With Hopes For Super Tuesday, Amy Klobuchar Sees A ‘Blue Wall That Extends To The West’

February 27, 2020
Amy Klobuchar holds a campaign rally at Aurora's Stanley Marketplace. Feb. 20, 2020.Amy Klobuchar holds a campaign rally at Aurora's Stanley Marketplace. Feb. 20, 2020.Kevin J. Beaty/Denverite
Amy Klobuchar holds a campaign rally at Aurora's Stanley Marketplace. Feb. 20, 2020.

With new urgency, Democrats have intensified their political barbs against their party's presidential nominee front-runner, Bernie Sanders. At the same time, the Vermont senator is seeking a strong performance — perhaps even a knockout blow — in South Carolina's primary this weekend.

Beyond that are Colorado and the other Super Tuesday states.

So is it time for centrists to consolidate behind a single candidate? Will someone need to take one for the team?

“Well, people haven't voted yet, and in fact, only 3 percent of the people of this country have voted,” Minnesota Sen. Amy Klobuchar told CPR’s Colorado Matters. “And when you look at it, I'm actually third in vote total and Sen. [Elizabeth] Warren and I are pretty much tied for [the] number of delegates.”

Warren has eight delegates to Klobuchar’s seven. Sanders leads the pack with 45 before the South Carolina Primary.

If there is growing concern that a self-described democratic socialist is tightening his grip on the nomination, the other Democrats in the field have shown they still believe they have a chance in the primary. Nobody has budged yet. When Colorado Matters solicited readers and listeners for questions to ask Klobuchar, several Coloradans asked some version of ‘Why split the moderate vote and make it easier for Sanders?’

“I actually think my argument, being the only one left on the debate stage that has won in rural areas and suburban areas, led a ticket and brought people with me in terms of winning big, is exactly what we need right now,” she said.

A new poll has the midwesterner at about 6 percent in Colorado. Total ad spending by all candidates in the state so far is $8.9 million. Former New York Mayor Mike Bloomberg is behind the lion’s share. Sanders is a distant second and Warren has made a modest television ad buy.

While her name hasn’t shown up in the big TV ad buys locally, Klobuchar insists that investments have been made.

“Because of what happened with some of the recent debates, the New Hampshire debate, we've gotten in $13, $14 million, in literally just a few weeks after that, which has enabled us to build our team in Colorado, and we hired one of Sen. [Michael] Bennett's former political directors and have a really good team that we put on the ground in Colorado.”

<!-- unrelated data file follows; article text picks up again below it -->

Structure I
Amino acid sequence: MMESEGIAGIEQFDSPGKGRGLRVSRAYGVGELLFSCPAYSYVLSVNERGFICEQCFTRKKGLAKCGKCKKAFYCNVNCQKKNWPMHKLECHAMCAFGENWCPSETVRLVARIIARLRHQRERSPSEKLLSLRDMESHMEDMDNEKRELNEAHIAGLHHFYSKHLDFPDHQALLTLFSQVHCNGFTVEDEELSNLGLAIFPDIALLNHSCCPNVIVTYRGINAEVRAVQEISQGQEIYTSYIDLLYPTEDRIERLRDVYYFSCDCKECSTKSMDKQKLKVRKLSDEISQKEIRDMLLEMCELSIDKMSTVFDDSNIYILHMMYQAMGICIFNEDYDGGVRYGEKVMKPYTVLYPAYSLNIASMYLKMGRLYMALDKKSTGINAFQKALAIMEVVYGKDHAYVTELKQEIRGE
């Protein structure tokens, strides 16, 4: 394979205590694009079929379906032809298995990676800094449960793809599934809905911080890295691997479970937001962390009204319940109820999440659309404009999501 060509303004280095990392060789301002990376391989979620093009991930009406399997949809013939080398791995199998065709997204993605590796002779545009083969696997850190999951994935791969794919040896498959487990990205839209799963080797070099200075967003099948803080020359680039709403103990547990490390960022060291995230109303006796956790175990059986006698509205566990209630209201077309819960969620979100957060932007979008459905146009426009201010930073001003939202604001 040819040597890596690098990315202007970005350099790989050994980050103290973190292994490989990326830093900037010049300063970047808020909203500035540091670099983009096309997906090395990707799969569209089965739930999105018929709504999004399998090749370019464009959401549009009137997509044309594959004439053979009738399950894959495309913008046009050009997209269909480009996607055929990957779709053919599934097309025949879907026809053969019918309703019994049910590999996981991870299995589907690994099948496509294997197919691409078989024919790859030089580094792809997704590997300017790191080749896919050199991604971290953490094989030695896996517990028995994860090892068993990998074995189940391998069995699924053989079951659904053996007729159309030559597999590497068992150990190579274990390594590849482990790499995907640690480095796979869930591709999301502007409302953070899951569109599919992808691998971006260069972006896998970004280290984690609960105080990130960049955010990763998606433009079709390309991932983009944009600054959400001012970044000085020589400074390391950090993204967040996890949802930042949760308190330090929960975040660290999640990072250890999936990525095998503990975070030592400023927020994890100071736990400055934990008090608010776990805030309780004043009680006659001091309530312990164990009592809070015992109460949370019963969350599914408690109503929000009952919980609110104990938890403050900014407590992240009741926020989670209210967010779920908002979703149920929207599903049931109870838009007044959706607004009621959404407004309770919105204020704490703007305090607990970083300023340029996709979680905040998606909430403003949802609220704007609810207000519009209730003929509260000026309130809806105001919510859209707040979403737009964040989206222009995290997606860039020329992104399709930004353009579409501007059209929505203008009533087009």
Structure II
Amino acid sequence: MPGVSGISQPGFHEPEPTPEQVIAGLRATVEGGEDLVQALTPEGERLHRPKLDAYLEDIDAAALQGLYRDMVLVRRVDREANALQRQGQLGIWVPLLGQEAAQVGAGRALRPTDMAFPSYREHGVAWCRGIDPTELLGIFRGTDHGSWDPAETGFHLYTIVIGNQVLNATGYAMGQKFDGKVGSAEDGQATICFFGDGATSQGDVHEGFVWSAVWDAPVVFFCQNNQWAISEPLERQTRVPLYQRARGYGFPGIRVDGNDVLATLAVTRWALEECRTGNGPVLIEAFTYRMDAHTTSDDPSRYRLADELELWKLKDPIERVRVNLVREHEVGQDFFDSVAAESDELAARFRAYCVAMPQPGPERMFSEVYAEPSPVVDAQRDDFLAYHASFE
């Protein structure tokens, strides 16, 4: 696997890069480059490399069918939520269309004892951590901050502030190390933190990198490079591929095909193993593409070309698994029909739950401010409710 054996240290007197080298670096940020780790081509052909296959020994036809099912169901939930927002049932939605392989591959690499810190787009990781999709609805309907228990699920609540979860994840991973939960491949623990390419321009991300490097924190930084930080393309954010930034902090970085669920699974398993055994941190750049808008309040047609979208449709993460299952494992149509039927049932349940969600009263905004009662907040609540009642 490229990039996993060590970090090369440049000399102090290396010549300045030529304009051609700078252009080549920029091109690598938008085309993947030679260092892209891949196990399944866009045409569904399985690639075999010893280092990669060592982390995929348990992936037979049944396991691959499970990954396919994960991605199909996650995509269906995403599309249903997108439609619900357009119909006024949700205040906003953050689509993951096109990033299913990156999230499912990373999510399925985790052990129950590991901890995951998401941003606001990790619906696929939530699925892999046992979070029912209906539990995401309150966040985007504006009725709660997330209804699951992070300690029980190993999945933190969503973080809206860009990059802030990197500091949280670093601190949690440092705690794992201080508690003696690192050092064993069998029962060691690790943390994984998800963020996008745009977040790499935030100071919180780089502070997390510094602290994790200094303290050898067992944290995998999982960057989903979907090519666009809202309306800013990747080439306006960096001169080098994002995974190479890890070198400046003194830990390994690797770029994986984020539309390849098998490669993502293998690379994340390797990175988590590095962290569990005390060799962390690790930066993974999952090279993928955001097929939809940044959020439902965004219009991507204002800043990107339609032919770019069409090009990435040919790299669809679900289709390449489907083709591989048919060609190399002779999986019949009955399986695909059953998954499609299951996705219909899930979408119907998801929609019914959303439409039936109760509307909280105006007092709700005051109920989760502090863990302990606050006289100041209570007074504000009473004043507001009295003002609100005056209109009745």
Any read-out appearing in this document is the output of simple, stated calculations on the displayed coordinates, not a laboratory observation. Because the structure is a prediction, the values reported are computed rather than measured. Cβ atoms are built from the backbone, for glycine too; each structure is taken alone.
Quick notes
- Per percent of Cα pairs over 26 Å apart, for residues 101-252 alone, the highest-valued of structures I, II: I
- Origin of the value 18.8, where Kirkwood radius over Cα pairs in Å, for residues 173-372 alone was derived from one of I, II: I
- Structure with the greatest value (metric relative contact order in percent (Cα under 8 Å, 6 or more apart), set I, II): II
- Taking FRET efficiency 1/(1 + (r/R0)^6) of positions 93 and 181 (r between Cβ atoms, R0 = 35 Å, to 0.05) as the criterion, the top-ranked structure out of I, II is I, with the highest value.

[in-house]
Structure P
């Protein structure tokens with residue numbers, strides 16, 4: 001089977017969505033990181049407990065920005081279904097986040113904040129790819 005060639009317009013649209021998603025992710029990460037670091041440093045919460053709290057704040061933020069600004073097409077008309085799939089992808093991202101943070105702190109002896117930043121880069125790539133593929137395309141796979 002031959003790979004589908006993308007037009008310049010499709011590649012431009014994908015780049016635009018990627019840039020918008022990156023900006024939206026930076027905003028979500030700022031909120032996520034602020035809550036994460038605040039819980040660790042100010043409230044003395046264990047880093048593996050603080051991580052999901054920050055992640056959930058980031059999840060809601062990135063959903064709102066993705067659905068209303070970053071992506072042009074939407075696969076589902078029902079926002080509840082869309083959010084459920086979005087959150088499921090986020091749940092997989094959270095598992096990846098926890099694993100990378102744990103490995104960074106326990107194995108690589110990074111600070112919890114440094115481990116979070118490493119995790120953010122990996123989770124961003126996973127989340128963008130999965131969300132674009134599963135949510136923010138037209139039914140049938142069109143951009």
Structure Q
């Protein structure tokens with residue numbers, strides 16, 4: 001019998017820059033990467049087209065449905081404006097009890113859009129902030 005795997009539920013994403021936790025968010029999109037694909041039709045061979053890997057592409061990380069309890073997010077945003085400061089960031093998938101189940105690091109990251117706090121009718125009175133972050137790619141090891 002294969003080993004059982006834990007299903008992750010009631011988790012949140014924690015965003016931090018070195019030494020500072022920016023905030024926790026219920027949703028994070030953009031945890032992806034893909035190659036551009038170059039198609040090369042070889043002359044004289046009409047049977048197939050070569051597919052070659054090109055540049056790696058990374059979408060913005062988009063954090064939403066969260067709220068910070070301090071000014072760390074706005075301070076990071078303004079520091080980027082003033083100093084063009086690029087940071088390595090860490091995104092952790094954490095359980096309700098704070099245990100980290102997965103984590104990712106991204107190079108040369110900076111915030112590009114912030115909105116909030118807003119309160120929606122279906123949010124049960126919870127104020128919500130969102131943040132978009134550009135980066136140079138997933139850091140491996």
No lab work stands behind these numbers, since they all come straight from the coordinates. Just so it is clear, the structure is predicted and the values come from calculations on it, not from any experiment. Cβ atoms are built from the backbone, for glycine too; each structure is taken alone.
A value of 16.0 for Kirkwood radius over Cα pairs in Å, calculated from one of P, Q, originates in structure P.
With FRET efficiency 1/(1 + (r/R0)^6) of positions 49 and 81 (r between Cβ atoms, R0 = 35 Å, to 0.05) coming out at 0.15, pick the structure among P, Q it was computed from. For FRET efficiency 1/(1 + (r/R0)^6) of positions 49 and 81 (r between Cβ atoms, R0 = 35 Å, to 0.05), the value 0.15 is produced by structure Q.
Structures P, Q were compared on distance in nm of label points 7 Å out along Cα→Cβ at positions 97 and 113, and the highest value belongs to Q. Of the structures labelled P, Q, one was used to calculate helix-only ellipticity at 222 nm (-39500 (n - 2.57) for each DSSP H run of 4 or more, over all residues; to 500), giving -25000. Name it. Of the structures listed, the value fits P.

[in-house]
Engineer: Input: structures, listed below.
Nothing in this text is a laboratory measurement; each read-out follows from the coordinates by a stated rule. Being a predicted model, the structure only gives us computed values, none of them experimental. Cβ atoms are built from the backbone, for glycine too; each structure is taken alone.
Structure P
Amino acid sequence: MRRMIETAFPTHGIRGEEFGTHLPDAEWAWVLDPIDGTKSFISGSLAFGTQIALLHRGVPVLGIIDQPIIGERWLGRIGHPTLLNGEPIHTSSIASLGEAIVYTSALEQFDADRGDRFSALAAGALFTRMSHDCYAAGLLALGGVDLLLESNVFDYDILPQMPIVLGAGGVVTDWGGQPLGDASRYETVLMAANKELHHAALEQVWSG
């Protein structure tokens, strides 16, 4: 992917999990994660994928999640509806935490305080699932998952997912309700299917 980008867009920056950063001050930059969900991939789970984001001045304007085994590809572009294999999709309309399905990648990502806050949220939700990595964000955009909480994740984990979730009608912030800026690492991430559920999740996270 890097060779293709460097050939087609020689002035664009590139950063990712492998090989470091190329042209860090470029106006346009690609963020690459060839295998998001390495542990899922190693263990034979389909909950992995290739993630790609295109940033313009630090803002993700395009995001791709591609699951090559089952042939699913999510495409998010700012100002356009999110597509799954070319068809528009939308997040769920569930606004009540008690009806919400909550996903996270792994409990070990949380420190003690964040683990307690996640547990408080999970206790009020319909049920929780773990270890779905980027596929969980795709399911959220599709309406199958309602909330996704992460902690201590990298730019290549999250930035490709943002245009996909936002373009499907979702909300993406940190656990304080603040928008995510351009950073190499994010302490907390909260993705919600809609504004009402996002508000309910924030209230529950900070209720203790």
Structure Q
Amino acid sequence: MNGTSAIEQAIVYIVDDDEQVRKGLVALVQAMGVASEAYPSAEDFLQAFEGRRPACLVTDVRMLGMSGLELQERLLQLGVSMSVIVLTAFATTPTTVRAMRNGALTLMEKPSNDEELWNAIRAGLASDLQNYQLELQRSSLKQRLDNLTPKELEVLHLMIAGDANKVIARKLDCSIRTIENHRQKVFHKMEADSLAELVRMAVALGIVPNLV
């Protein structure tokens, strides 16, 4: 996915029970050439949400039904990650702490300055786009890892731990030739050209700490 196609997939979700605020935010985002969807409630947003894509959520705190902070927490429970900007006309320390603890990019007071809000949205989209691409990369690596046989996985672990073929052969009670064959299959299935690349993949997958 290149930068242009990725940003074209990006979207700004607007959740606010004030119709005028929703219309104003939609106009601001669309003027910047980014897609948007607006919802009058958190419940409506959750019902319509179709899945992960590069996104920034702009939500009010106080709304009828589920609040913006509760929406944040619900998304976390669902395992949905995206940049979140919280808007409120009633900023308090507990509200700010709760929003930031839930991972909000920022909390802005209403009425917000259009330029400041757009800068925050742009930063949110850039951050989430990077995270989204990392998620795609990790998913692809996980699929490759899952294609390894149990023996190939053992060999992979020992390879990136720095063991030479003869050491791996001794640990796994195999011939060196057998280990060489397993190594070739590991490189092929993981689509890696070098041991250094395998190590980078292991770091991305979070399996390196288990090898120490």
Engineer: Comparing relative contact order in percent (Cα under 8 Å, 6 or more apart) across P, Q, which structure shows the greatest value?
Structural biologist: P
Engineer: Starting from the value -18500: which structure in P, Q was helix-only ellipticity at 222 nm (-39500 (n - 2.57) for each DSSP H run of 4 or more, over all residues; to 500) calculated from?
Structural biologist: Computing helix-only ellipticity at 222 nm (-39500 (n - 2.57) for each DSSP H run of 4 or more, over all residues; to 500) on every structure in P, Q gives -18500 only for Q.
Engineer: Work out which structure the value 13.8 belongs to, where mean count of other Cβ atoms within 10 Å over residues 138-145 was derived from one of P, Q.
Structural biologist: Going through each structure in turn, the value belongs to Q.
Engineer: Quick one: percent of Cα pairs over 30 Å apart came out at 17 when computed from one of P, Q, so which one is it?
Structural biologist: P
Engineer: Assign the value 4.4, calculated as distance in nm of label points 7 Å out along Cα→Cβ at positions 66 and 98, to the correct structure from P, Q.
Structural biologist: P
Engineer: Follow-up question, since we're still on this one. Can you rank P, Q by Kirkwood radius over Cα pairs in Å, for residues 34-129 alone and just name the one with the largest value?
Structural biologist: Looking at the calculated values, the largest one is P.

She was just in Aurora and she also said her daughter has been in the state with visits to Pueblo, Colorado Springs and Denver.

For a majority of Democratic voters, going back to the days before Donald Trump isn’t good enough. That’s where Klobuchar seems to sense where her appeal lies as she notes “a lot of people haven't shared in the prosperity that he gloats about all the time.”

“I think the West has a lot to do with a victory, and that is, of course, Colorado, but also Nevada. And I think I would add Arizona to that as well.”

She notes that her party bounced back in the 2018 midterms after the loss to Trump in key states like Pennsylvania, Michigan and Wisconsin.

“I called it the Blue Wall and I think the Blue Wall extends to the West,” she said. “What we need to do is build a Blue Wall of Democratic and Independent and moderate Republican votes around these states, and make Donald Trump pay for it.”

CPR’s Jim Hill and The Associated Press contributed to this report.

Full Interview Transcript

Ryan Warner: Senator, thank you for being with us.

Sen. Amy Klobuchar: Sure.

RW: A new poll has you at about 6 percent in Colorado. And when I solicited questions for you on Twitter, I heard from several moderate Democrats scared of a Bernie Sanders nomination, and they ask some version of this question, why split the moderate vote and make it easier for Senator Sanders to win? What do you say?

AK: Well, people haven't voted yet, and in fact, only 3 percent of the people of this country have voted. And when you look at it, I'm actually third in vote total and Senator Warren and I are pretty much tied for number of delegates. And I actually think my argument, being the only one left on the debate stage that has won in rural areas and suburban areas, led a ticket and brought people with me in terms of winning big, is exactly what we need right now. I'm also the person up on the stage who's still in the Senate that's passed over 100 bills, as the lead Democrat, working of course with my friend Michael Bennett and many others in your state. And I think that it's important to have someone that doesn't just win but also get things done when she gets there, and that's why I'm running.

RW: Your campaign is not spending money on ads in Colorado. Why not?

AK: We actually are spending on digital ads throughout Colorado, and we actually have been running ads all across the country. And because of what happened with some of the recent debates, the New Hampshire debate, we've gotten in $13, $14 million in literally just a few weeks after that, which has enabled us to build our team in Colorado, and we hired one of Senator Bennett's former political directors and have a really good team that we put on the ground in Colorado. I was just in Aurora, and we had a fantastic event there. My daughter's been there the last few days because it's such a high priority for us, and she's been in Pueblo and Colorado Springs as well as Denver. So, we're pretty excited about the operation we put together there. Also campaigned there a lot for President Obama, as well as Senator Salazar when he was in the Senate and Sen. Udall. And we've worked together with your Colorado delegation on really important issues, like a renewable electricity standard as well as gun safety legislation.